Friday, January 29, 2016

Vocation now & later: Preparing for the other side

Whenever the idea of Christian vocation is addressed in an article or conversation, there’s a well-known quote attributed to Frederick Buechner that inevitably comes up: “Vocation happens when our deep gladness meets the world’s deep need.”

Actually, according to Beuchner himself, it’s not a direct quote, as he explained in an interview. But it captures the essence of what he was getting at.

As Christians, imbued with God’s image, we all want to know why we’re here. What we’re supposed to be about. For what purpose did God create us?

And we tend to spend a lifetime seeking “the” answer to that question.

In the meantime, we live and move and have our being, going about our days, doing our best to please God and enjoy Him for now and here, longing for over there.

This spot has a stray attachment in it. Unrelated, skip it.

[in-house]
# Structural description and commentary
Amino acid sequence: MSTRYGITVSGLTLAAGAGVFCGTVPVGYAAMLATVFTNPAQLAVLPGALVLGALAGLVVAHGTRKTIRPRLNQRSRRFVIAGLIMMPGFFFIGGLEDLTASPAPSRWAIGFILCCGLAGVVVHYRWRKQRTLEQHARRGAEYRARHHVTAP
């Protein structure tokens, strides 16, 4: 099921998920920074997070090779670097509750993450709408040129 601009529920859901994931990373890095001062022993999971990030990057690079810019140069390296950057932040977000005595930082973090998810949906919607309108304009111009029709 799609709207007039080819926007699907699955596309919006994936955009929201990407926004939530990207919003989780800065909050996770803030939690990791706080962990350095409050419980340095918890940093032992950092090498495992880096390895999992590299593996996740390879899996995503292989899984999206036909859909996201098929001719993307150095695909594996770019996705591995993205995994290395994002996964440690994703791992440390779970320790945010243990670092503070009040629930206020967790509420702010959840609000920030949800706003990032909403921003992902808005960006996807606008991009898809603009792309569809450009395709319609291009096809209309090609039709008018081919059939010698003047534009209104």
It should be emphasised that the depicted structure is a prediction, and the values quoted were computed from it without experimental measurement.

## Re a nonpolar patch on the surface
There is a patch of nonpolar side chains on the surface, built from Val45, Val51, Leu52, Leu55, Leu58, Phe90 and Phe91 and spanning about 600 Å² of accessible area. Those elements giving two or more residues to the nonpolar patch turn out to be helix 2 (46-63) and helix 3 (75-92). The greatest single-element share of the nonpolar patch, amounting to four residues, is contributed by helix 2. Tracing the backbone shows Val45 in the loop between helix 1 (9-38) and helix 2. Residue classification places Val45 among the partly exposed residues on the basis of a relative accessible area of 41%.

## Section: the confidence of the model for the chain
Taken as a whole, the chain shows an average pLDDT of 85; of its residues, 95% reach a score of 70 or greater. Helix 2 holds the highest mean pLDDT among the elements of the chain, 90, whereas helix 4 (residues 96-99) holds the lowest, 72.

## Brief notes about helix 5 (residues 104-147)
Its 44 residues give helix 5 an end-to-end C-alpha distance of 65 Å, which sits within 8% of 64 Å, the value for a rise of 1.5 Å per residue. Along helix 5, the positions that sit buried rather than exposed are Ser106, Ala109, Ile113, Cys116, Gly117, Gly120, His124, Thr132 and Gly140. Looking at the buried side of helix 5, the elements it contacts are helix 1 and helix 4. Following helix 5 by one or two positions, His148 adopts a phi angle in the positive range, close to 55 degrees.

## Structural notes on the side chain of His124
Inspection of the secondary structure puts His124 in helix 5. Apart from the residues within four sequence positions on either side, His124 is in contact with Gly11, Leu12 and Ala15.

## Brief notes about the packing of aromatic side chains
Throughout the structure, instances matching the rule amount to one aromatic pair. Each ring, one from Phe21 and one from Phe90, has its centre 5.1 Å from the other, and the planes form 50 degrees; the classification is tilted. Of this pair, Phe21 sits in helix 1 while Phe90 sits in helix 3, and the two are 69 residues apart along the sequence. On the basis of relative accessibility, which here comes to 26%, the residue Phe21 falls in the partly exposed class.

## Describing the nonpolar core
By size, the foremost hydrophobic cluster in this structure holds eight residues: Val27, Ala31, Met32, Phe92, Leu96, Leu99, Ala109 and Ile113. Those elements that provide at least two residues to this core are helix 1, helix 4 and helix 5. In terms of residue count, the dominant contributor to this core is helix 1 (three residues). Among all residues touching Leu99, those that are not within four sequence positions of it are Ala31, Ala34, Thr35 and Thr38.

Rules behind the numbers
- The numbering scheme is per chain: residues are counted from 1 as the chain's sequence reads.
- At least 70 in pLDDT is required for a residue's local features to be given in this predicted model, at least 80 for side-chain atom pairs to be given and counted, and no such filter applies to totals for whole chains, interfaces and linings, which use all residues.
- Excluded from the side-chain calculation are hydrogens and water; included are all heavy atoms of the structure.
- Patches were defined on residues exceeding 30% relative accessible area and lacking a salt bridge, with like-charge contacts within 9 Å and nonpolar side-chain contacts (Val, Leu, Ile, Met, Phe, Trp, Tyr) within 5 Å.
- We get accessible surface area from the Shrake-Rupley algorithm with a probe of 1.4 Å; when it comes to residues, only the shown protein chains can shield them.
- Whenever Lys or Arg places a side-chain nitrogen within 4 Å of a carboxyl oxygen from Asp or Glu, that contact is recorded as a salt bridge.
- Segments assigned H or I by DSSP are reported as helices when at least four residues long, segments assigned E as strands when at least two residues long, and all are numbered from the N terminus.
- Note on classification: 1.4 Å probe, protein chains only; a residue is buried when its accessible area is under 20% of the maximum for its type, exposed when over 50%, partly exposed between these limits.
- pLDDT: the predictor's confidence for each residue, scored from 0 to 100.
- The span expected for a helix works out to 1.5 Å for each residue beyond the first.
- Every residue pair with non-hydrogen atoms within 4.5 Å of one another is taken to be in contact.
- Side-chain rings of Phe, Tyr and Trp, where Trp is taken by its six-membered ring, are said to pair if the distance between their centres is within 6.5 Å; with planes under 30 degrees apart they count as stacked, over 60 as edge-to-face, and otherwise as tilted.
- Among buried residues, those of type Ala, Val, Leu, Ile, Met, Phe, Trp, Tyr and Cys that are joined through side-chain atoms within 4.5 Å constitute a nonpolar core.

This we call our Christian walk.

In the process of living our lives in the light of God’s Word, we seek to be better people. To be Spirit-filled, God-shaped, Christ-redeemed creations.

We care about those around us. Go to work and do our jobs as well as we can. Give money to those in need. Do acts of service. Treat people well. Grow where we are planted.

As we do these things, our vocation and purpose takes shape through our humble, clumsy service to God.

Perhaps we even recognize that our “purpose” is not singular, but rather a series of purposes, a multiple of callings. All, of course, anchored in Christ connected by His will flowing through us.

From time to time, our thoughts turn to heaven. “What’s that going to be like?” we wonder.

Honestly, I’m not sure Christianity has done a good job of revealing what heaven and the new earth will be like.